European Gas and Power: Overreacting to the Threat of a Russian Cutoff

31 August 2022

By Jacob Nell, Borys Dodonov and Nataliia Shapoval


The paper investigates the current price rally on the European gas market. We argue that there has been a large price overshoot, which is an overreaction to the risk of a  complete cut off of gas supply by Russia this winter. We provide three reasons for believing Europe can already manage without Russian gas this winter.  First,  a major adjustment in sources of supply has already happened. Russia has declined from supplying 36% of Europe’s gas imports by pipeline  in 2021 to supplying 12% so far in 2H22 – so Europe is no longer critically dependent on Russian gas. Second, Europe is reducing its gas consumption rapidly – over 11% down on last year in 1H22 – and we argue the Commission’s target 15% reduction in gas demand this winter is fully achievable – which would on its own more than cover a complete Russian gas cut off. Third – reflecting these shifts in supply and demand – European gas storage is on track for a near record build this summer despite declining Russian flows. On current trends, we estimate 2022 will see the second largest European gas storage build ever, and by winter European storage will be 92% full – enough to cover the average winter draw nearly 2 times over and even a stress scenario of the largest recent winter draw and a complete Russian gas cutoff from September. Finally, Europe has a trump card in its back pocket, since it could fully or largely replace remaining Russian gas volumes by increasing production at the giant Groningen field. Given these factors, we expect the gas price to fall back to more normal levels, as traders increasingly realize that Europe can avoid a gas crunch this winter without Russian gas.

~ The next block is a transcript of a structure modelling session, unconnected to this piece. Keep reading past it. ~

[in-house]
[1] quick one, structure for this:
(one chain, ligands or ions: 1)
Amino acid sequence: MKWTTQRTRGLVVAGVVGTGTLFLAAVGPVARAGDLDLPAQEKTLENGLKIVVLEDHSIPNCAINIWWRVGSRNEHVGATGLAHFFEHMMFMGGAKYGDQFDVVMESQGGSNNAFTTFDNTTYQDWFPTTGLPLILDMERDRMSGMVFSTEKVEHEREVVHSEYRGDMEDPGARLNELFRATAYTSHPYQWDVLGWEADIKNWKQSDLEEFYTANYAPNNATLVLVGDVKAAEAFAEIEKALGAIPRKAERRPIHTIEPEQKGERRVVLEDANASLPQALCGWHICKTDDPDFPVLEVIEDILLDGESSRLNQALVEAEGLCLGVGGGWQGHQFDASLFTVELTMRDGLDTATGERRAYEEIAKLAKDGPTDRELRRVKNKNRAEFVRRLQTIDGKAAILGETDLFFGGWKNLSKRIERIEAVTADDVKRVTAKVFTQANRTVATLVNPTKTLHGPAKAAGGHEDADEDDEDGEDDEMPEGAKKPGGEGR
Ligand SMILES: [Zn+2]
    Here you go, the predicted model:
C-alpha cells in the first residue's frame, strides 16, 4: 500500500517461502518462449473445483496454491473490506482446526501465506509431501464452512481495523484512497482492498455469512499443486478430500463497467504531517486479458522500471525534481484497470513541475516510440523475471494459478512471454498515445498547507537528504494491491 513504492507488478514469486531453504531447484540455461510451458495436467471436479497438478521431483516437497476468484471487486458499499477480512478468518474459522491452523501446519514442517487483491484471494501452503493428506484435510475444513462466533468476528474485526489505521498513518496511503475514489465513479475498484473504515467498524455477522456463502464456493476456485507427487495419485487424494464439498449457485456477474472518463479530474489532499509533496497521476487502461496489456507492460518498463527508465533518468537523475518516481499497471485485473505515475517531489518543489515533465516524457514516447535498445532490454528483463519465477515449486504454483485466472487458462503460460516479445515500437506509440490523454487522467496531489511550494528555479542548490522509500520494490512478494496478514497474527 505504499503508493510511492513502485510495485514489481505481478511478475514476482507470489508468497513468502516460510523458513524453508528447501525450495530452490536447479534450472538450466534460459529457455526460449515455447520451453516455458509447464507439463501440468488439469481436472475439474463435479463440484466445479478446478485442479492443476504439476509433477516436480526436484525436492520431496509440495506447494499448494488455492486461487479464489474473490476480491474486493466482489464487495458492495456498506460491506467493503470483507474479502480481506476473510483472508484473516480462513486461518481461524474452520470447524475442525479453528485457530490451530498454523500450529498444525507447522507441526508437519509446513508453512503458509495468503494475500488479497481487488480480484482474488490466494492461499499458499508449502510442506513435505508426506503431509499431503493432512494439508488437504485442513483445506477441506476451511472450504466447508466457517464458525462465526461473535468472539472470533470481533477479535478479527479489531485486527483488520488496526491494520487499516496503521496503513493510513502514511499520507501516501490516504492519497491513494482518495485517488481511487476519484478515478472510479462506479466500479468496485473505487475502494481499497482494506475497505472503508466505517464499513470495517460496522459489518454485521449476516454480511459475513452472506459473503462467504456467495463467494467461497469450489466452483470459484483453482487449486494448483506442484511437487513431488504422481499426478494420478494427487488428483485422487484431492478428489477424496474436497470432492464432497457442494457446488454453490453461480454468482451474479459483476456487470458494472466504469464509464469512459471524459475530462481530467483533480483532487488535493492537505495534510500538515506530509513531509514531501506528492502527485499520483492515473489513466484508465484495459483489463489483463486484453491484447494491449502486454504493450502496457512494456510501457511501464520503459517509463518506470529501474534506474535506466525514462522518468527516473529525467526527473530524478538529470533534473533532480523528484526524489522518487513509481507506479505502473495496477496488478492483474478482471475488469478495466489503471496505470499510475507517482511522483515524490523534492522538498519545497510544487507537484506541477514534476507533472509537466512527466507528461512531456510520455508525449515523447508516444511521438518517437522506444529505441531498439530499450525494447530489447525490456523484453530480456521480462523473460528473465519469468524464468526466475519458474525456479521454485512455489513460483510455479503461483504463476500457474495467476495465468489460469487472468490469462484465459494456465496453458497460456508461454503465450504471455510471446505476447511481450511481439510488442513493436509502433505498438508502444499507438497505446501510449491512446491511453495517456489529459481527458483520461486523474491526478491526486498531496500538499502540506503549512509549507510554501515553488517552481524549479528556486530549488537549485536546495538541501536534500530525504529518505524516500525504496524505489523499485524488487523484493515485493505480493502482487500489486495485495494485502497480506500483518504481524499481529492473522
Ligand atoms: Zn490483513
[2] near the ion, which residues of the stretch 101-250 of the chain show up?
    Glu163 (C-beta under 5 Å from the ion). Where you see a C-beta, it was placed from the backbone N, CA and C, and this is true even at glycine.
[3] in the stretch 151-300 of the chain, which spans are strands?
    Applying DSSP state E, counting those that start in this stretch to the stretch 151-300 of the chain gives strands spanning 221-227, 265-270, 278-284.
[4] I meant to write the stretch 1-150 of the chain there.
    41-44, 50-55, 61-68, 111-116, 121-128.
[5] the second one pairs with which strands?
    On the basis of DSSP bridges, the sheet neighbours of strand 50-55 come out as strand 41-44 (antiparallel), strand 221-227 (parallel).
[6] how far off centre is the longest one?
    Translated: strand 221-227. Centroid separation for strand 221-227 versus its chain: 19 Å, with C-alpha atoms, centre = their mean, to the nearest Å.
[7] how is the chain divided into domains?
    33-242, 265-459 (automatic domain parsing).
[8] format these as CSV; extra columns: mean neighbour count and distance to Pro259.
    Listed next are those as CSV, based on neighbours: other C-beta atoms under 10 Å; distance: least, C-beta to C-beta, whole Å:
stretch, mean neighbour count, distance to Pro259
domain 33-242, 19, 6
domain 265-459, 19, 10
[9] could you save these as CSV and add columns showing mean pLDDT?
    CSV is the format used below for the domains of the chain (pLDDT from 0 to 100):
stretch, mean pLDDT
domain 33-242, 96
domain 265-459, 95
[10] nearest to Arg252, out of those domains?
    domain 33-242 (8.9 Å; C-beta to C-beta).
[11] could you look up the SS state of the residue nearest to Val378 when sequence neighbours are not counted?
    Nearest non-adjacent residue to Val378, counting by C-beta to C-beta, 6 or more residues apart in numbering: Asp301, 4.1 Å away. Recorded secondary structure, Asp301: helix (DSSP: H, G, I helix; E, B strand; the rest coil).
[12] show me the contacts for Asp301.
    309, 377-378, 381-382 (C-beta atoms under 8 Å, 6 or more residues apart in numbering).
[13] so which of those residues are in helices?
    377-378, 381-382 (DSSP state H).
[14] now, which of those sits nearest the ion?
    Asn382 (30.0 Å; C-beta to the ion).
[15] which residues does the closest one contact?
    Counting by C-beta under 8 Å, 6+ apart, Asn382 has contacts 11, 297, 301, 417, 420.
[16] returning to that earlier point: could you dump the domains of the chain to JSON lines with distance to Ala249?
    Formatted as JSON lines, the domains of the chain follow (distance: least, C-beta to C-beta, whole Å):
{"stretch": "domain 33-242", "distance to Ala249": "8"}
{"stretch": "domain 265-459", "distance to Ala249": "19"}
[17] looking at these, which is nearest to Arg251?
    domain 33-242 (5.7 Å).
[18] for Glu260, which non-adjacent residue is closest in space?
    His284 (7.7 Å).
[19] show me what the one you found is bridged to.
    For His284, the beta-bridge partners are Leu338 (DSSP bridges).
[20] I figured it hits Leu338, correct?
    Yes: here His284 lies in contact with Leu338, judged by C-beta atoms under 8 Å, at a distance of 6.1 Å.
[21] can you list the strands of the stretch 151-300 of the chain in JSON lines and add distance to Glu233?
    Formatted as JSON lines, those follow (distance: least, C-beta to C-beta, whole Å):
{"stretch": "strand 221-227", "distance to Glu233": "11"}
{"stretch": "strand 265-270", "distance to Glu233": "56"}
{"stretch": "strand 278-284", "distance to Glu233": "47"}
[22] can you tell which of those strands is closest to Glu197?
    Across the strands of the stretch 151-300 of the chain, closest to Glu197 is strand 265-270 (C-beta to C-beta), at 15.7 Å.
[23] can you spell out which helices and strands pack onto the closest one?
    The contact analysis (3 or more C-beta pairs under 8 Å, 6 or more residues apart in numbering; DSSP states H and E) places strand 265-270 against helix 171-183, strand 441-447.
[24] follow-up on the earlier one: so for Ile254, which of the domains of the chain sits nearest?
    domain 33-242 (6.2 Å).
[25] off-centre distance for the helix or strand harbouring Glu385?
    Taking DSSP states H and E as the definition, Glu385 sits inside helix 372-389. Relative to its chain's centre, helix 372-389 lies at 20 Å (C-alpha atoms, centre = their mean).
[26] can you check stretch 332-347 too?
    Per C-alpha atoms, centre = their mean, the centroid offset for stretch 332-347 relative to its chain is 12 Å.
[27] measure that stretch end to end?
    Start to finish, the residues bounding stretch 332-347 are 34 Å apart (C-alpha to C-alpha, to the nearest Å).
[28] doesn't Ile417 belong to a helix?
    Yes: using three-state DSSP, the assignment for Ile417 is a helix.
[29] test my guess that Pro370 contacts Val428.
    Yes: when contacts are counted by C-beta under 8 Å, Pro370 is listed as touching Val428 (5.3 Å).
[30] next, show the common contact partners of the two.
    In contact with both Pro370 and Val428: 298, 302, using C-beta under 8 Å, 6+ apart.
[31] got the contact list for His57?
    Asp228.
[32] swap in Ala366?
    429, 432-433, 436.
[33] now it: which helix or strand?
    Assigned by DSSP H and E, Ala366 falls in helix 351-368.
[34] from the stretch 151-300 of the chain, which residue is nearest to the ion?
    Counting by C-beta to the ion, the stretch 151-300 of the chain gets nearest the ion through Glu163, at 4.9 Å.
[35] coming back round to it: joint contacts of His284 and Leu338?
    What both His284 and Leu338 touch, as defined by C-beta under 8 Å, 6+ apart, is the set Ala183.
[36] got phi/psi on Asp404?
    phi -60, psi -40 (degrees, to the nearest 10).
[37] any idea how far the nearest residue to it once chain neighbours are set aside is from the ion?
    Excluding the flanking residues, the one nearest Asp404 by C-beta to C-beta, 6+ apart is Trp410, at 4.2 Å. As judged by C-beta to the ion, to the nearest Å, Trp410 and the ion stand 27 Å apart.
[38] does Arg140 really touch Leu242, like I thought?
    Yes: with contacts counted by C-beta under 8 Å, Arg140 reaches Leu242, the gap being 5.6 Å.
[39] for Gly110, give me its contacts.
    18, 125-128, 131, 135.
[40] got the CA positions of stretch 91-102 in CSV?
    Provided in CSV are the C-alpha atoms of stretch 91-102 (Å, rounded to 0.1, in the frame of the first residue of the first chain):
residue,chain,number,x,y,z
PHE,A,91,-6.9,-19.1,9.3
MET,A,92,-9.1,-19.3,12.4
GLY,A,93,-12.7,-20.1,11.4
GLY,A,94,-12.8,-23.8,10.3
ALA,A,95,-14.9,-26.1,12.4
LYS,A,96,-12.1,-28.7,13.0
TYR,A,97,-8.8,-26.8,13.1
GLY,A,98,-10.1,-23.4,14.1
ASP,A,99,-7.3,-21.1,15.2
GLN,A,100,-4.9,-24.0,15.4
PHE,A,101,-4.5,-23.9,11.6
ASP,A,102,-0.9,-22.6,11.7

European gas and power markets are behaving in a paradoxical way. On the one hand, gas and power prices have just set new highs, and are priced to stay extremely high for years, reflecting concerns of a complete Russian gas cut off.  This would drive higher inflation and a greater squeeze on real incomes, likely triggering a recession.

Chart 1:  European Gas at record highs,  Dutch TTF gas futures,  EUR/MWh

Source: ICE

But the data show rapid volume adjustment is underway. In fact Europe is on track to have the storage – backed up by underlying shifts in supply and demand  –  to dispense with Russian gas this winter, we estimate. Clearly, there will be an adjustment cost of elevated prices for a period to end Europe’s heavy dependency on Russian energy.  But we see current market pricing  – a  more than 10 fold surge in gas prices and power prices and extreme price volatility – as an overreaction, highlighting deficiencies in energy markets.

Chart 2.  On current trends, European gas storage is on track to just cover a cold winter and a full Russian gas cutoff from September 1, we estimate.

Source: AGSI for data on gas storage and winter draws, KSE Institute for modelling of additional build in 2022.  ENTSOG for data on Russian gas flows, provided by Bruguel.

*Note: we assume that a Russian gas cutoff would deprive Europe of the volumes currently flowing through the Nord Stream 1, Ukrainian Gas Transit System and Turkstream pipelines from September 1. See below for further discussion and explanation

We make three main arguments for our view that a “no drama” adjustment is underway.